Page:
Study: Majority Of US Adults Make No End-Of-Life Plans
Chapel Hill, N.C. (CBS CHARLOTTE) – A majority of Americans do not deal with end-of-life issues, with only about a quarter of US adults having completed a living will.
A University of North Carolina study of nearly 8,000 Americans found that only 26 percent of adults had completed an advance directive, also known as a living will. Women, whites, married couples and those with a college degree of some sort were the most likely to have crafted a will for their surviving relatives.
Researchers advised that nursing home, hospice and other end-of-life (EOL) decisions should be made in advance of one’s own debilitated health.
“EOL issues need to come to the forefront of planning efforts,” Dr. Jaya K. Rao, formerly an associate professor from the University of North Carolina, stated in a press release. “Hopefully, these findings will contribute to the current national conversations about EOL care.”
Survey respondents younger than 54 were most likely to report not having made out an advance directive, but nearly one-third (31.7 percent) of those over the age of 55 had also not made out a will.
The most commonly cited reason for not having an advance directive: “I don’t know what advance directives are,” and second on the list of reasons was “my family knows my wishes.”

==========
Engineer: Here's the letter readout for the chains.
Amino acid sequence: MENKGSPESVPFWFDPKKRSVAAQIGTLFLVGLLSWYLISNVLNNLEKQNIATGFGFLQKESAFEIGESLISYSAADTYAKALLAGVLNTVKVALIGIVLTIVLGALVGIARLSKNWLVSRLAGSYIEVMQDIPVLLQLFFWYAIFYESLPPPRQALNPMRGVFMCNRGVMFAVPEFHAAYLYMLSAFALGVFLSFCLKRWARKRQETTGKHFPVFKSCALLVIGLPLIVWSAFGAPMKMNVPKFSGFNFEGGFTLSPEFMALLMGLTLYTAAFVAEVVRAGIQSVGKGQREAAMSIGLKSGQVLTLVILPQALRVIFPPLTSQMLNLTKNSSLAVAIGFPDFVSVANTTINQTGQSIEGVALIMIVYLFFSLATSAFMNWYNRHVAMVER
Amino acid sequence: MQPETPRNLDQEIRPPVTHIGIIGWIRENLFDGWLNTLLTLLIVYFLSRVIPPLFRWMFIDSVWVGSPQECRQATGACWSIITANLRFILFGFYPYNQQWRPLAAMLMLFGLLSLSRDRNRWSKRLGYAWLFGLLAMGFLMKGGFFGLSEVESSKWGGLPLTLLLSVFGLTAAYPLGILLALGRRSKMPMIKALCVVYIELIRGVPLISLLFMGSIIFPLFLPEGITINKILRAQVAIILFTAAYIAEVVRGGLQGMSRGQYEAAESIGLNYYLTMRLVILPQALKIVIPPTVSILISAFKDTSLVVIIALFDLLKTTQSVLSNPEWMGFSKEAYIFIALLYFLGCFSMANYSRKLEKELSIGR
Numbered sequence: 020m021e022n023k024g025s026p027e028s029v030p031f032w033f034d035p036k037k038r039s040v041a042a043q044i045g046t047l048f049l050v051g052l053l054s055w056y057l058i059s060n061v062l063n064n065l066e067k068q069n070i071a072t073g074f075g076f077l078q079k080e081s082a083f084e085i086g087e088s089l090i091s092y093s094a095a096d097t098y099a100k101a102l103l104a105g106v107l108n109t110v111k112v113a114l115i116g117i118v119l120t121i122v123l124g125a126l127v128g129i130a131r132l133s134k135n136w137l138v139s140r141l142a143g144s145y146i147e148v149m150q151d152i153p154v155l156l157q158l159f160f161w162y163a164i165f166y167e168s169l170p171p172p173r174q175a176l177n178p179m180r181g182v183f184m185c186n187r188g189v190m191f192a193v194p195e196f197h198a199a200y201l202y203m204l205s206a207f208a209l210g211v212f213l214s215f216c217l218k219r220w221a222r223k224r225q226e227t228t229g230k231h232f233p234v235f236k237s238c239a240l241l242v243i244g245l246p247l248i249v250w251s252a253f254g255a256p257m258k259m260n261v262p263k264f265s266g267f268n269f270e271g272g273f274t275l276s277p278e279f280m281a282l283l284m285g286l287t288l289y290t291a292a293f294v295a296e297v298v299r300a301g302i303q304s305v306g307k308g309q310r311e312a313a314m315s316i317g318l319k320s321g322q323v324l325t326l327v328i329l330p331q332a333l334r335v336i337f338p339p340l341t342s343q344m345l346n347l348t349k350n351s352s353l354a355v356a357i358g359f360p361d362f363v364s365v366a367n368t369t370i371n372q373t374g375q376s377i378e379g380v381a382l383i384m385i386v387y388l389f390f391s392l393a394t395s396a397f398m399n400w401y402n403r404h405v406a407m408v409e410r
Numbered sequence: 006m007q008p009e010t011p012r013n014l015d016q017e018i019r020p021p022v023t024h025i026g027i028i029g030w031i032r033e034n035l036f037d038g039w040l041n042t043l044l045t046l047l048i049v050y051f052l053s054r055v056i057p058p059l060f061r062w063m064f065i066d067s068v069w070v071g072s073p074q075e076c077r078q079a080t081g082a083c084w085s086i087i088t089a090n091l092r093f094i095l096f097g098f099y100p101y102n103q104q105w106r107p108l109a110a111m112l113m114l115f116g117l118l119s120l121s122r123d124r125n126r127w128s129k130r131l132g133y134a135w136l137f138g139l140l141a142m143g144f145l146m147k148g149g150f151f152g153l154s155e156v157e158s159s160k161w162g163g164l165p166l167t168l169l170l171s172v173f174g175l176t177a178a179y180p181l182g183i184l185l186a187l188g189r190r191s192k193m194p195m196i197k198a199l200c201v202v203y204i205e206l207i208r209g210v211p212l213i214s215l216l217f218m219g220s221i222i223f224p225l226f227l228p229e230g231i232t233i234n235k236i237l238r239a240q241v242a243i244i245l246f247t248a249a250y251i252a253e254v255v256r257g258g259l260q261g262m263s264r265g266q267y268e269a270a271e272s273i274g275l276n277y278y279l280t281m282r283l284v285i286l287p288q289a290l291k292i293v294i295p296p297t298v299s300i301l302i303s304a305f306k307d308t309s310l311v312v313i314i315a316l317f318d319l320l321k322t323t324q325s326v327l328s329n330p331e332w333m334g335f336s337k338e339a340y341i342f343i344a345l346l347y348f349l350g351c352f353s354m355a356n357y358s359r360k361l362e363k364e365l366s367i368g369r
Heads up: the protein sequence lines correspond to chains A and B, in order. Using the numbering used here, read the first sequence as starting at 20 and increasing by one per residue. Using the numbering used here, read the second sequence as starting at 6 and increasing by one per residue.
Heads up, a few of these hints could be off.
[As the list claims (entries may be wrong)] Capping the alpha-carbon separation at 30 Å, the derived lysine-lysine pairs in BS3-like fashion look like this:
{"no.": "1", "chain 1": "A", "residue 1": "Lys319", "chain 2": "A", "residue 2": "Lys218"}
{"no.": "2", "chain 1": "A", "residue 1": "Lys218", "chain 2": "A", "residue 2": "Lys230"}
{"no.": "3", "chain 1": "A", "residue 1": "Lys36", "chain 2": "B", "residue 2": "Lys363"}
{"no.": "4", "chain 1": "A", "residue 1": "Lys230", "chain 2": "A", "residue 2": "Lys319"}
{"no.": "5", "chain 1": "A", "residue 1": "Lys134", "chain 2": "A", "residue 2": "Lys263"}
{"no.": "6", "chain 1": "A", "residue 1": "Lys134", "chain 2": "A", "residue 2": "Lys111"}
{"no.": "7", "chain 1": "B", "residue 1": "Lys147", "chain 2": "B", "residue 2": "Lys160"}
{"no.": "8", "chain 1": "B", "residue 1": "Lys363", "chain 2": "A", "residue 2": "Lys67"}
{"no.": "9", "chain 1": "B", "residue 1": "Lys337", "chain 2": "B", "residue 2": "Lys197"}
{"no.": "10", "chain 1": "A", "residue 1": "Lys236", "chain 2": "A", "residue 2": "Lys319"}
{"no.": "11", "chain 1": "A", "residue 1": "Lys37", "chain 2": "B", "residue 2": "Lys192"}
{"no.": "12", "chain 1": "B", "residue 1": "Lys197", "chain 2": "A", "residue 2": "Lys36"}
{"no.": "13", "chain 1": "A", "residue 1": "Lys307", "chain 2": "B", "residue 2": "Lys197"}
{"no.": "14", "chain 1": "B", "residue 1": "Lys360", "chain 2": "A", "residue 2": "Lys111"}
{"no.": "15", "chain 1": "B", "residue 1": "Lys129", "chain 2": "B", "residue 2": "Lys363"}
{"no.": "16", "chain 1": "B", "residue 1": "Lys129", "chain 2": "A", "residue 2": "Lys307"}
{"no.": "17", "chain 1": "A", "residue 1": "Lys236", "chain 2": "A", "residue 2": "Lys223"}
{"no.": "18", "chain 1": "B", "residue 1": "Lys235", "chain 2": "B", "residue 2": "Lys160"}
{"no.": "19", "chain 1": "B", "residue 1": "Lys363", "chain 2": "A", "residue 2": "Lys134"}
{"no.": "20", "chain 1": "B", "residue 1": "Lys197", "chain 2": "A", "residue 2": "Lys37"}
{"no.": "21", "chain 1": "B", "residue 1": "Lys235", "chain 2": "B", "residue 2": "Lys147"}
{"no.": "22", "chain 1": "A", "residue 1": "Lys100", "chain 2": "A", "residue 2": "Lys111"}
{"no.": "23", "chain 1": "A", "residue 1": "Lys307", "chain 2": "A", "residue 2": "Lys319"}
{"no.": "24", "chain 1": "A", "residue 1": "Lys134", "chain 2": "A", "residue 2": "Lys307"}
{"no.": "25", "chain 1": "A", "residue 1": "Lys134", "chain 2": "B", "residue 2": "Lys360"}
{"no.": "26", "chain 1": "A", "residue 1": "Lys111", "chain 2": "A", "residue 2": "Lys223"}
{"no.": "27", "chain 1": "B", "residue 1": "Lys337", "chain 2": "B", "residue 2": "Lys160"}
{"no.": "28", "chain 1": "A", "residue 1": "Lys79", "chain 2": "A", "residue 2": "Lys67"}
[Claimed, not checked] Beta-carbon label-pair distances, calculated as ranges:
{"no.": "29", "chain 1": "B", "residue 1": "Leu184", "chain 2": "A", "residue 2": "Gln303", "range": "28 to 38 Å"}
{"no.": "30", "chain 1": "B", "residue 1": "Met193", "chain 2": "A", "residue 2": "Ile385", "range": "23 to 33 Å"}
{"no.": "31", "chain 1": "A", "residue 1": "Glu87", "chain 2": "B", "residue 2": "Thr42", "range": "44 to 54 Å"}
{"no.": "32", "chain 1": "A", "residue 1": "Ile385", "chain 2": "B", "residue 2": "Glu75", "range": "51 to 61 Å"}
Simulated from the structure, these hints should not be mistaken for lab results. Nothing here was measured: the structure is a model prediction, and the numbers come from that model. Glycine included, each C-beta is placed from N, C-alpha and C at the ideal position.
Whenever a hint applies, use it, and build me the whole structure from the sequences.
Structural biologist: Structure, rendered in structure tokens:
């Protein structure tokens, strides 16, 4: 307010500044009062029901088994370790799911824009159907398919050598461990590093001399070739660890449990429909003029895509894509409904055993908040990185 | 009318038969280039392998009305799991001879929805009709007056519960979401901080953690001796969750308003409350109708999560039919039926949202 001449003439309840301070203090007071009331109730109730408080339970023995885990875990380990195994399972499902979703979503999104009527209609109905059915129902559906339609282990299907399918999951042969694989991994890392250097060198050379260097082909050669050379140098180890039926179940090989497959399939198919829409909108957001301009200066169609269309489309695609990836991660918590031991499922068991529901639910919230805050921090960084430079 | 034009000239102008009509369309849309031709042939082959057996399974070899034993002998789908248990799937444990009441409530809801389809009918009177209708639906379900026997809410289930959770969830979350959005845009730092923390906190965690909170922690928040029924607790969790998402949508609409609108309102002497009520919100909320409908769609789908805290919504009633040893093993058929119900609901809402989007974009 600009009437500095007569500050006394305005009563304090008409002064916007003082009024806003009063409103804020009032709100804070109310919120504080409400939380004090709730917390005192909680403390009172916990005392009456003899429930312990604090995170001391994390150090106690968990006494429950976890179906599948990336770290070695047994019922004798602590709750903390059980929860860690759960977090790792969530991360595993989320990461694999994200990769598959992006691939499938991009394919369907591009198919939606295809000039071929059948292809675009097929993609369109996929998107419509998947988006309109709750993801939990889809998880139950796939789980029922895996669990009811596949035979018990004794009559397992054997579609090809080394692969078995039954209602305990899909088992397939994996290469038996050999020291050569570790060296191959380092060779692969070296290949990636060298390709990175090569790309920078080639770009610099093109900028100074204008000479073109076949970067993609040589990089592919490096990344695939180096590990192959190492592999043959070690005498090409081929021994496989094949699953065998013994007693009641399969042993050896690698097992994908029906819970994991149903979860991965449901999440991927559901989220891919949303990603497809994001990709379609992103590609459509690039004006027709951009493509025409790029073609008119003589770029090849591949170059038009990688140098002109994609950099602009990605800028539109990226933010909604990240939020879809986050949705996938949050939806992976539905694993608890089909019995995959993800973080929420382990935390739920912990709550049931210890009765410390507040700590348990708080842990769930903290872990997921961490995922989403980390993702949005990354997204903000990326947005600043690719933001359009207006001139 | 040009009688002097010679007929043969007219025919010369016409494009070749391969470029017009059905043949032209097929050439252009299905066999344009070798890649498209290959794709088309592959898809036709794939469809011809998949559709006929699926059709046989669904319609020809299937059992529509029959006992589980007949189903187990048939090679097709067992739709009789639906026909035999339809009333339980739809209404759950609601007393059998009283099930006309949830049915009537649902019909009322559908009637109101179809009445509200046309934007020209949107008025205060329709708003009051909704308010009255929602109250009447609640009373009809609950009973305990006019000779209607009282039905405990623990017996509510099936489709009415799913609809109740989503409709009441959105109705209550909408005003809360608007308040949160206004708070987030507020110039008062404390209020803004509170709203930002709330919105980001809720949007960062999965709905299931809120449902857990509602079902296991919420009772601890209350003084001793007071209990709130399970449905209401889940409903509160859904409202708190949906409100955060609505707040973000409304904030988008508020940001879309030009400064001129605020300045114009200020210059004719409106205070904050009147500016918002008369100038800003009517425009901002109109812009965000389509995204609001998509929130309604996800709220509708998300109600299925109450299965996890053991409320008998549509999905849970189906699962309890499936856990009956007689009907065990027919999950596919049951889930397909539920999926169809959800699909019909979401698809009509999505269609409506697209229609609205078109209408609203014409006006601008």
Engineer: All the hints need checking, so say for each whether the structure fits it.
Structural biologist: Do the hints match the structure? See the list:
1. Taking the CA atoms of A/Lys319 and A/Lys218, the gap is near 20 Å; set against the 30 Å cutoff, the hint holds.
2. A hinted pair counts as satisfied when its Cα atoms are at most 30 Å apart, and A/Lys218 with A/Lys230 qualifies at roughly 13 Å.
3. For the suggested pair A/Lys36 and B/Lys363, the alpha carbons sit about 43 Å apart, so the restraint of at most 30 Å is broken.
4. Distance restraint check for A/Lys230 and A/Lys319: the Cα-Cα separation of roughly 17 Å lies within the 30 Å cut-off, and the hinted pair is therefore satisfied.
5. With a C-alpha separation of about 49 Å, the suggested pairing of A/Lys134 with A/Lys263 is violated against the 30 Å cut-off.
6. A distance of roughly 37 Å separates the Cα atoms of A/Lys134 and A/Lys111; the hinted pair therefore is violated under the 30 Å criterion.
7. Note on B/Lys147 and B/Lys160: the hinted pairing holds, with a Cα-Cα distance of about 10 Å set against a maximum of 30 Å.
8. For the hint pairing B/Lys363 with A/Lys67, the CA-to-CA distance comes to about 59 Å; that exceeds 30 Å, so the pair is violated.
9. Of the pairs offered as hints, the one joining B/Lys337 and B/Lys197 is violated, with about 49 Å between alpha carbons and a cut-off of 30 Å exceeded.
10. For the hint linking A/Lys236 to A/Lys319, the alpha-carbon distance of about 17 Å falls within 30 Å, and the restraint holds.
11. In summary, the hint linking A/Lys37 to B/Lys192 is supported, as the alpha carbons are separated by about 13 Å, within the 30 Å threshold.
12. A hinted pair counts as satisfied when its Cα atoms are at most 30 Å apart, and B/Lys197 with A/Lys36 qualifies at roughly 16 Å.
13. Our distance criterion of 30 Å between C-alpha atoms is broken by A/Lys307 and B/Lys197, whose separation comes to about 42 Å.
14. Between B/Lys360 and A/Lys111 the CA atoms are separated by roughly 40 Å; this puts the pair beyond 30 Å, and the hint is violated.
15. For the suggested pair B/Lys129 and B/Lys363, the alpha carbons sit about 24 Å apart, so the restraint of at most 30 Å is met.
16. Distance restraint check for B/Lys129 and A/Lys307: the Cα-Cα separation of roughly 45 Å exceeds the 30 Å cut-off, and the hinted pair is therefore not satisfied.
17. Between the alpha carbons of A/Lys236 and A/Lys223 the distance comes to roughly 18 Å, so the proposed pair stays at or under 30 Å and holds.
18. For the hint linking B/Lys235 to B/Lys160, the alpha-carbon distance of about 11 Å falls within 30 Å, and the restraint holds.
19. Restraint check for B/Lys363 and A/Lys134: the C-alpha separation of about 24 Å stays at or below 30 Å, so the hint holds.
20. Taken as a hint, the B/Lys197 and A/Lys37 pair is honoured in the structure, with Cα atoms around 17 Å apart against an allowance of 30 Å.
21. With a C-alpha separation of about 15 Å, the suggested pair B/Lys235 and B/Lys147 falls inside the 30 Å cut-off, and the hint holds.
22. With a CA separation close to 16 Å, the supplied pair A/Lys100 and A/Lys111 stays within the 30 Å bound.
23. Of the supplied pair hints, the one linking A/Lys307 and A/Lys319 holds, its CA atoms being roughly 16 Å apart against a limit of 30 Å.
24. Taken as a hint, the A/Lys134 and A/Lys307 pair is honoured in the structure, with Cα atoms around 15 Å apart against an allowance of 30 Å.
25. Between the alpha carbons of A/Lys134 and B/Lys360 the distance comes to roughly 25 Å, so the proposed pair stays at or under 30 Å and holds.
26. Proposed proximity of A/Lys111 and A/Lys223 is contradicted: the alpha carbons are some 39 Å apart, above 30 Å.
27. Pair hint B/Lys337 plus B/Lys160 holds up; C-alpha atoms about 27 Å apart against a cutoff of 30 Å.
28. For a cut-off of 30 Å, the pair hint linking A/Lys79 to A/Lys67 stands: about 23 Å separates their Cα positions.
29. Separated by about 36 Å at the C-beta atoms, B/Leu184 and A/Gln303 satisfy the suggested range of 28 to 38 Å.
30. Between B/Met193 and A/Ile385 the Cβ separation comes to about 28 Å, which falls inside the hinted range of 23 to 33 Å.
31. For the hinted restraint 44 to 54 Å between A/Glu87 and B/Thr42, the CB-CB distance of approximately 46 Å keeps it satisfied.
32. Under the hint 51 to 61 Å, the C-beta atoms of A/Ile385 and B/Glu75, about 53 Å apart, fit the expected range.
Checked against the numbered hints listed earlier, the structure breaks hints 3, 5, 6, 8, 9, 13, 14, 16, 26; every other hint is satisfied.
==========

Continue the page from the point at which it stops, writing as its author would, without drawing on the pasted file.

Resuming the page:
People with chronic disease or a regular source of care were also most likely to have an advance directive.
Past studies have shown that advance directives are associated with lower levels of Medicare spending and a lower likelihood of dying in a hospital. The prevalence of chronic disease in Americans over the age of 44, combined with an aging US population of Baby Boomers is expected to strain the health care system in coming years.
Minority groups were found to be least likely to have made out a will for their surviving family members.
“For black and Hispanic respondents, advance directives were less frequent across all educational groups, said Dr. Rao. “These data indicate racial and educational disparities in advance directive completion and highlight the need for education about their role in facilitating [end-of-life] decisions.”